The game is clearly written for those who find violence and power-playing arousing – it’s as toothy as Anna’s frustration with the genre she’s trying to reimagine. Literally. The unfortunate dinner guest quickly finds herself in a struggle for her own survival with the carnivorous Anni, who has a mind to make her dinner date the night’s actual meal. A rough cat-and-mouse game ensues, and the protagonist is often excited despite herself.
Whether or not it’s “your thing,” Anna is a sharp, visceral writer, combining the chilly humor of a B-movie slasher flick with canny, lavish homages to the archetype of the Amazonian woman, so that the player can’t help but admire her antagonist even as she’s trying to choose her way to a happy ending. There’s only one, of a kind, and it’s empowering, not romantic in the sense most people would describe it.
And yet despite all its teeth, nails and blood, the honesty of Encyclopedia Fuckme is romantic, in that it actually reflects a facet of the inner lives of two adults in a healthy, playful relationship. When Anna takes to social media to confront the gaming community forces that most commonly get her back up, she’s always joined by the distinctive, often all-caps voice of her partner Daphny, whose voice is visible in the text of the game she inspired.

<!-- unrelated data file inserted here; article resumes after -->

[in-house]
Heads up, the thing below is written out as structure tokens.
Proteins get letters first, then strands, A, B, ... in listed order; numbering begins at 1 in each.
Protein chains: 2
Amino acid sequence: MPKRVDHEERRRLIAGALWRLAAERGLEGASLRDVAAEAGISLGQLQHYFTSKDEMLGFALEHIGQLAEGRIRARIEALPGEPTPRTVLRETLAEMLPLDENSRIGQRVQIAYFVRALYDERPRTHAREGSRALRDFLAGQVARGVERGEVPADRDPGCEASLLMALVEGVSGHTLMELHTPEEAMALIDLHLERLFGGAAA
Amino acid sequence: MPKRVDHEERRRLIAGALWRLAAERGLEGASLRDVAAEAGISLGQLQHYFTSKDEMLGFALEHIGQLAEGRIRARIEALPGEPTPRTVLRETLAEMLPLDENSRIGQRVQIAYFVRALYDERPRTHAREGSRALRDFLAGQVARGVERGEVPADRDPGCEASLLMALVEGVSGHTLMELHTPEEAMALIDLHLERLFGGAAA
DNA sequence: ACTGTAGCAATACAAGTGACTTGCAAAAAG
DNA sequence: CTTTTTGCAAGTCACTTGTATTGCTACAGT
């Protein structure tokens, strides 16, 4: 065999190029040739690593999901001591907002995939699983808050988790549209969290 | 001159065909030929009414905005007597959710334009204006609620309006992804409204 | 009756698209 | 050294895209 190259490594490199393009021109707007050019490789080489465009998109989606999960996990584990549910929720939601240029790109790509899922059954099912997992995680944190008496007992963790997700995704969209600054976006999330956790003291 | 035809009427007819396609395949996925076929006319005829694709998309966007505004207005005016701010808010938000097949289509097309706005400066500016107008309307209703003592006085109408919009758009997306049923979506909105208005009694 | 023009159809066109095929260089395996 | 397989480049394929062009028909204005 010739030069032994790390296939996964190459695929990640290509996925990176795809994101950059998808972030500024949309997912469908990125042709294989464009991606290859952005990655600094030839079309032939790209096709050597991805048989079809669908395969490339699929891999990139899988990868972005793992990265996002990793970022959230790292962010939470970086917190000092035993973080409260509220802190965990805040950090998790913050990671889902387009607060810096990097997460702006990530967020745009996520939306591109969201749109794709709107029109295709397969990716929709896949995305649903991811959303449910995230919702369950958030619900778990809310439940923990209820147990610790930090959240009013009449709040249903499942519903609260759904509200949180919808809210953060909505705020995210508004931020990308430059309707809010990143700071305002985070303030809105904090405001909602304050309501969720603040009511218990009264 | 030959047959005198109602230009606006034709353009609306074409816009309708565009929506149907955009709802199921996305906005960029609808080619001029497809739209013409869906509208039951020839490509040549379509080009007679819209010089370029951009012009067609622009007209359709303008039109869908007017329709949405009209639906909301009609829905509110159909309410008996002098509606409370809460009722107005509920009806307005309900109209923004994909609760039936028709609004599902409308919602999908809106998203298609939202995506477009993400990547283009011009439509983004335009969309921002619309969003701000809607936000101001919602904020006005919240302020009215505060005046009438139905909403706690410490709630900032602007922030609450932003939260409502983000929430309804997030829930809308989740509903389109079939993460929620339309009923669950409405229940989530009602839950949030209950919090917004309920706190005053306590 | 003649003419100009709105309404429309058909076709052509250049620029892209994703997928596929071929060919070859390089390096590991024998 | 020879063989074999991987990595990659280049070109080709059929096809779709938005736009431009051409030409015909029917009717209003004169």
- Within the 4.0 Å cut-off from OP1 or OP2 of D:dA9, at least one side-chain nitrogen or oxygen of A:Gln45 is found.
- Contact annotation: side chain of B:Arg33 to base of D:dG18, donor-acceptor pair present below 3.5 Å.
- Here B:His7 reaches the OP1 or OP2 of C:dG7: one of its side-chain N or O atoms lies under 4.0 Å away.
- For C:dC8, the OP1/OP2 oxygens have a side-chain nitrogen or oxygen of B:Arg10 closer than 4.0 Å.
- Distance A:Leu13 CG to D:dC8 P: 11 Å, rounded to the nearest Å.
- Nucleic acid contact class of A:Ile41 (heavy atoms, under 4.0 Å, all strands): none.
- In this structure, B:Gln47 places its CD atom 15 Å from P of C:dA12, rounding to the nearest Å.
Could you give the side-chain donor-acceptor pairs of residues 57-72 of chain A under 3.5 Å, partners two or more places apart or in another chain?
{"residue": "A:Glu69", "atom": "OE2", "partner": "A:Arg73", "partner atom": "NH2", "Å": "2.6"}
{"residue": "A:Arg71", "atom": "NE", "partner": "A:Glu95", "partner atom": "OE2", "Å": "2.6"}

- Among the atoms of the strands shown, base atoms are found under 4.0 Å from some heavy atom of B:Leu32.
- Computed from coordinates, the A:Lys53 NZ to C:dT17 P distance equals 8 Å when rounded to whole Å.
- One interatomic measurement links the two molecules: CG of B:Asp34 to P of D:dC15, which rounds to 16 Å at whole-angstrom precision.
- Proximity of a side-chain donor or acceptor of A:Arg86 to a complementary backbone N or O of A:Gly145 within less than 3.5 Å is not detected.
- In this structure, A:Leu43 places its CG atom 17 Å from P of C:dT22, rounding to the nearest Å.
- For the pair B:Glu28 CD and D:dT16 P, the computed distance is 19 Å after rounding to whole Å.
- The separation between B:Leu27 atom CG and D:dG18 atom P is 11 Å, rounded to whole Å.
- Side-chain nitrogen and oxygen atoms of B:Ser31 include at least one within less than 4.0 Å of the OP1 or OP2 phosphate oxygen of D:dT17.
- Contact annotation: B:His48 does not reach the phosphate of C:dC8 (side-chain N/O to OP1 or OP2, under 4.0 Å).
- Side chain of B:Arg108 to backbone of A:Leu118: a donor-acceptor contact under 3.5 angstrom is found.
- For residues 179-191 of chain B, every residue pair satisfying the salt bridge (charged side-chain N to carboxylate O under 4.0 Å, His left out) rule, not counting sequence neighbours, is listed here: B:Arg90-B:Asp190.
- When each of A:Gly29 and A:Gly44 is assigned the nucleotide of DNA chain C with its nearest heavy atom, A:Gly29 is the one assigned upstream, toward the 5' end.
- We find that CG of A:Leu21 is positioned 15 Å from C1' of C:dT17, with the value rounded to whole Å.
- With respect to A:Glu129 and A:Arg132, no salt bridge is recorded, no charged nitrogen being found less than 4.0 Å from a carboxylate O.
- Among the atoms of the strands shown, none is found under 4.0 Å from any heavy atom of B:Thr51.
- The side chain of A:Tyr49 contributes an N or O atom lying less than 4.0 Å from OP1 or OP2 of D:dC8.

“It probably wouldn’t surprise you that I’ve chased Daphny around our apartment on the premise that if I caught her, I was gonna do something bad to her (tie her up with a N64 controller cable and tickle the shit out of her, which in her case is something un-fucking-bearable),” Anna tells me, when I ask her about the extent to which the dynamics at play in Encyclopedia Fuckme are personal. “I like to externalize my desires and fantasies in my games, not just as a cruising mechanism.”
“In a community as desperately inbred as the one that surrounds videogames, I think it’s important to confront potentially sheltered players with the fact that identity and sexuality are far broader than they may have assumed,” she adds.
Interestingly, the game about a dinner date gone horrorshow has an interesting message for those players willing to look at the interplay between the two types of appetite that are on display – deny one and become a victim of the other.
“The digital game as a form can be used to communicate meaningful ideas, ones that generate dialogue and discussion,” Anna says. If players want a takeaway from her unabashed, personal textual joyride, it’s this fact: “The submissive woman’s power – and I’m talking about actual submissive women who know what they want and are capable of negotiating it, not the fantasy ideal of woman as doormat — is to dictate how she’ll have sex and where.”
“Ultimately, no matter what else happens, this is the sphere over which the protagonist retains control,” she concludes. And there’s your clue if you want to try to win the game. I mean, you definitely want to try it now, right?
Leigh Alexander is Editor-at-Large at Gamasutra and edits the games section in NYLON Guys. Among other projects, she is a columnist at Edge and Kotaku, writes about cultural issues as a contributor to Thought Catalog, and spends her free time defining “party like it’s 1999.”